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Immunotherapy Drug Shows Promise for Melanoma, Lung Cancer

Merck’s Keytruda extended the lives of lung cancer patients by several months and appeared to stop the progression of advanced melanoma.  

Jun 4, 2018
Sukanya Charuchandra

ISTOCK, SUDOK1At the American Society of Clinical Oncologists (ASCO) annual meeting in Chicago this week, pharmaceutical company Merck presented results that support expanding uses for pembrolizumab (Keytruda), an immunotherapy drug for cancer. One study, presented today (June 4), showed success in treating advanced melanoma, while another reported yesterday revealed progress in the treatment of lung cancer.

“The era in which chemotherapy is the only option for non-small cell lung cancer patients is drawing to a close,” John Heymach, an oncologist at MD Anderson Cancer center who was not involved in the trial, tells Reuters.

Manufactured by Merck, Keytruda is already approved for a slew of cancers including non-small cell lung cancer (NSLC) and melanoma. Keytruda interferes in a pathway that helps protect cancer cells from immune action and boosts the body’s natural immune response.

In the melanoma trial, around 90 percent of patients with advanced cancer experienced a pause in disease progression after two years of treatment with the immunotherapy drug.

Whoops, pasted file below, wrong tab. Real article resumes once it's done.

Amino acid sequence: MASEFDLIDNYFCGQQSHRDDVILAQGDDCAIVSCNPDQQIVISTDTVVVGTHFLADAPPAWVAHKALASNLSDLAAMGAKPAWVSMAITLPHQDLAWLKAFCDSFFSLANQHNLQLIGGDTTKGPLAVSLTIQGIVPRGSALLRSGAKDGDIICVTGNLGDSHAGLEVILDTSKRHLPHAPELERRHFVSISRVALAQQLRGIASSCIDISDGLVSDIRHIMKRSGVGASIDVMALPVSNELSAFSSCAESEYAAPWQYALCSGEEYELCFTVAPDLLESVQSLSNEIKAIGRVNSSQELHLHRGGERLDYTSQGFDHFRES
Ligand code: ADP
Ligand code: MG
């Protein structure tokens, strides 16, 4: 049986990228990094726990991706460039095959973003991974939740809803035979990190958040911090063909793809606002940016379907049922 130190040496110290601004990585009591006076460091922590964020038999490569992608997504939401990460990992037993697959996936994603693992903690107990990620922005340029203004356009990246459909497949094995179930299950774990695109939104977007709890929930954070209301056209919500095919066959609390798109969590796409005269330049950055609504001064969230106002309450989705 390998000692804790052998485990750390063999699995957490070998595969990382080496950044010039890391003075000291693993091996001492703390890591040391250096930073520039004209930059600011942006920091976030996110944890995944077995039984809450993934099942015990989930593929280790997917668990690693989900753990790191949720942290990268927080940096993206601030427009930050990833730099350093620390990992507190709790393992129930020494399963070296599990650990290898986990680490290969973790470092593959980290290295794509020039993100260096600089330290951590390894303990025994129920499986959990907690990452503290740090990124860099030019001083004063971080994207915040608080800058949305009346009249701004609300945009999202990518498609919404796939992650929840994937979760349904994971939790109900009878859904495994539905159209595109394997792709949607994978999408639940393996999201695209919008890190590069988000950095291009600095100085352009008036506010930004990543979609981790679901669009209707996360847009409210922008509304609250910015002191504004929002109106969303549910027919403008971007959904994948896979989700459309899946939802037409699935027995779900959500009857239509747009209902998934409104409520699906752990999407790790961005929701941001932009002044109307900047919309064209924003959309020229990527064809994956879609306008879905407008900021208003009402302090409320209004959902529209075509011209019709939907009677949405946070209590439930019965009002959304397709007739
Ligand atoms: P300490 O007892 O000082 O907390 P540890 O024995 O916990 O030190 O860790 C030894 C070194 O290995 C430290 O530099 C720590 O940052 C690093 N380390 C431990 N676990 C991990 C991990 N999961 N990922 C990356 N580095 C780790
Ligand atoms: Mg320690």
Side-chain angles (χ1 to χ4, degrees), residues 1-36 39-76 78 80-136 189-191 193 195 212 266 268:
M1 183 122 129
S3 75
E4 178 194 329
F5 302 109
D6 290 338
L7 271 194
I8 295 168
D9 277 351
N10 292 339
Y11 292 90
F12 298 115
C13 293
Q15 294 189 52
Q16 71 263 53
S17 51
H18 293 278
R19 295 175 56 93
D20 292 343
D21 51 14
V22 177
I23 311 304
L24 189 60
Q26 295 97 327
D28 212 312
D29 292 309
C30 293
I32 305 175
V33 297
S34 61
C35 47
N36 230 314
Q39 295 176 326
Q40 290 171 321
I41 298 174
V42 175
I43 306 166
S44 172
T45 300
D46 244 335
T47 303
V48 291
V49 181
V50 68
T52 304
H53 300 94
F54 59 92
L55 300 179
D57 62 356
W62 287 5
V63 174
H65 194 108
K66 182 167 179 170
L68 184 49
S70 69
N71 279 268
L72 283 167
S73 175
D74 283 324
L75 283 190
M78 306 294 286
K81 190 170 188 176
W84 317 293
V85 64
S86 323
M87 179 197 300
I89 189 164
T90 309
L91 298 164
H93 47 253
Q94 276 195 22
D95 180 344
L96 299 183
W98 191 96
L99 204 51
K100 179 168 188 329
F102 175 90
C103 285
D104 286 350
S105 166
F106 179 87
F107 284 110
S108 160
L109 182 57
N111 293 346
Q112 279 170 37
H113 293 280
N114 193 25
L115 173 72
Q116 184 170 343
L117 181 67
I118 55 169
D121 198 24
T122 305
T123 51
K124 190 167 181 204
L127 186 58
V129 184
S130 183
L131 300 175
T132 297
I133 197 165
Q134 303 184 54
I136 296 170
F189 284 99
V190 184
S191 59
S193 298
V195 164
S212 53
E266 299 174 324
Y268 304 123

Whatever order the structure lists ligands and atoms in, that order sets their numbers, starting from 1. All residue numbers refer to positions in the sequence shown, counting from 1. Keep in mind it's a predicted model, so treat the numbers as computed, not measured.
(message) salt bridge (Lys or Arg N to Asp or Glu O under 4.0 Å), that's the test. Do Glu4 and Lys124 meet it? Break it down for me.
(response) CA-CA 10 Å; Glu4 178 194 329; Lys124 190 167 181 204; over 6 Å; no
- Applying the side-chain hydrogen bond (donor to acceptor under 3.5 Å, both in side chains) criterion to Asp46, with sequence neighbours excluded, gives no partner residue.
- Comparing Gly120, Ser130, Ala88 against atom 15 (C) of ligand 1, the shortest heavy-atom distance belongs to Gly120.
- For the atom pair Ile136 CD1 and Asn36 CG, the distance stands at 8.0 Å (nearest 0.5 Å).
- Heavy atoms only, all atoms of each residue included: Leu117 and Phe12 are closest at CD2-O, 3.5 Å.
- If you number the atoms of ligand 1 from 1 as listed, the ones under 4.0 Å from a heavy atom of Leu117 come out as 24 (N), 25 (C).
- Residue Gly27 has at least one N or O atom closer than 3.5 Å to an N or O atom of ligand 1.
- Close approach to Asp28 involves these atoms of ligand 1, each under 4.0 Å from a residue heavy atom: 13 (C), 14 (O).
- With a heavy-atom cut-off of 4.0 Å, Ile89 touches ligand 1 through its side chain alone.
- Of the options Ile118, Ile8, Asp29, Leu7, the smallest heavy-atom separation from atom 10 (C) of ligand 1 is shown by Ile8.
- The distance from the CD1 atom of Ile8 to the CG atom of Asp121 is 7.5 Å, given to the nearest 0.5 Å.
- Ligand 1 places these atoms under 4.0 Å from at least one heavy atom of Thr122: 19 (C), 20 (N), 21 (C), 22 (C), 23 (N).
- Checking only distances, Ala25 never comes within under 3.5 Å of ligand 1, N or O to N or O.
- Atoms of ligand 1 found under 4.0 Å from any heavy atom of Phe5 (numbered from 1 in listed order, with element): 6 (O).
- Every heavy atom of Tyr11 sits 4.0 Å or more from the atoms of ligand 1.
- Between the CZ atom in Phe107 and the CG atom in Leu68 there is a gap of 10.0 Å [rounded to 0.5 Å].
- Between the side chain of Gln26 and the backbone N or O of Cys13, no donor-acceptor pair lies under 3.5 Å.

The lung cancer data came from two trials. One included 1,274 cases of advanced NSLC whose cells produce a protein called PD-L1. Solely taking Keytruda as an anti-cancer intervention, patients lived on average 16.7 months, four months longer than those on chemotherapy. In another trial of 559 patients, those given Keytruda in combination with chemotherapy lived on average 15.9 months compared to 11.3 months for those on chemotherapy alone.

At the ASCO meeting, Scott Gottlieb, the commissioner of the US Food and Drug Administration (FDA),   mentioned that the FDA is reconfiguring its approval process to foster the rapid entry of new drugs into the cancer market and facilitate new applications for old drugs. According to Reuters, Gottlieb calls the revised format a “real-time oncology review” that is designed to address problems with clinical trial data before companies submit their applications for review. Already being used in cases where approved drugs are being repurposed, the FDA plans to apply the same process to new drugs.

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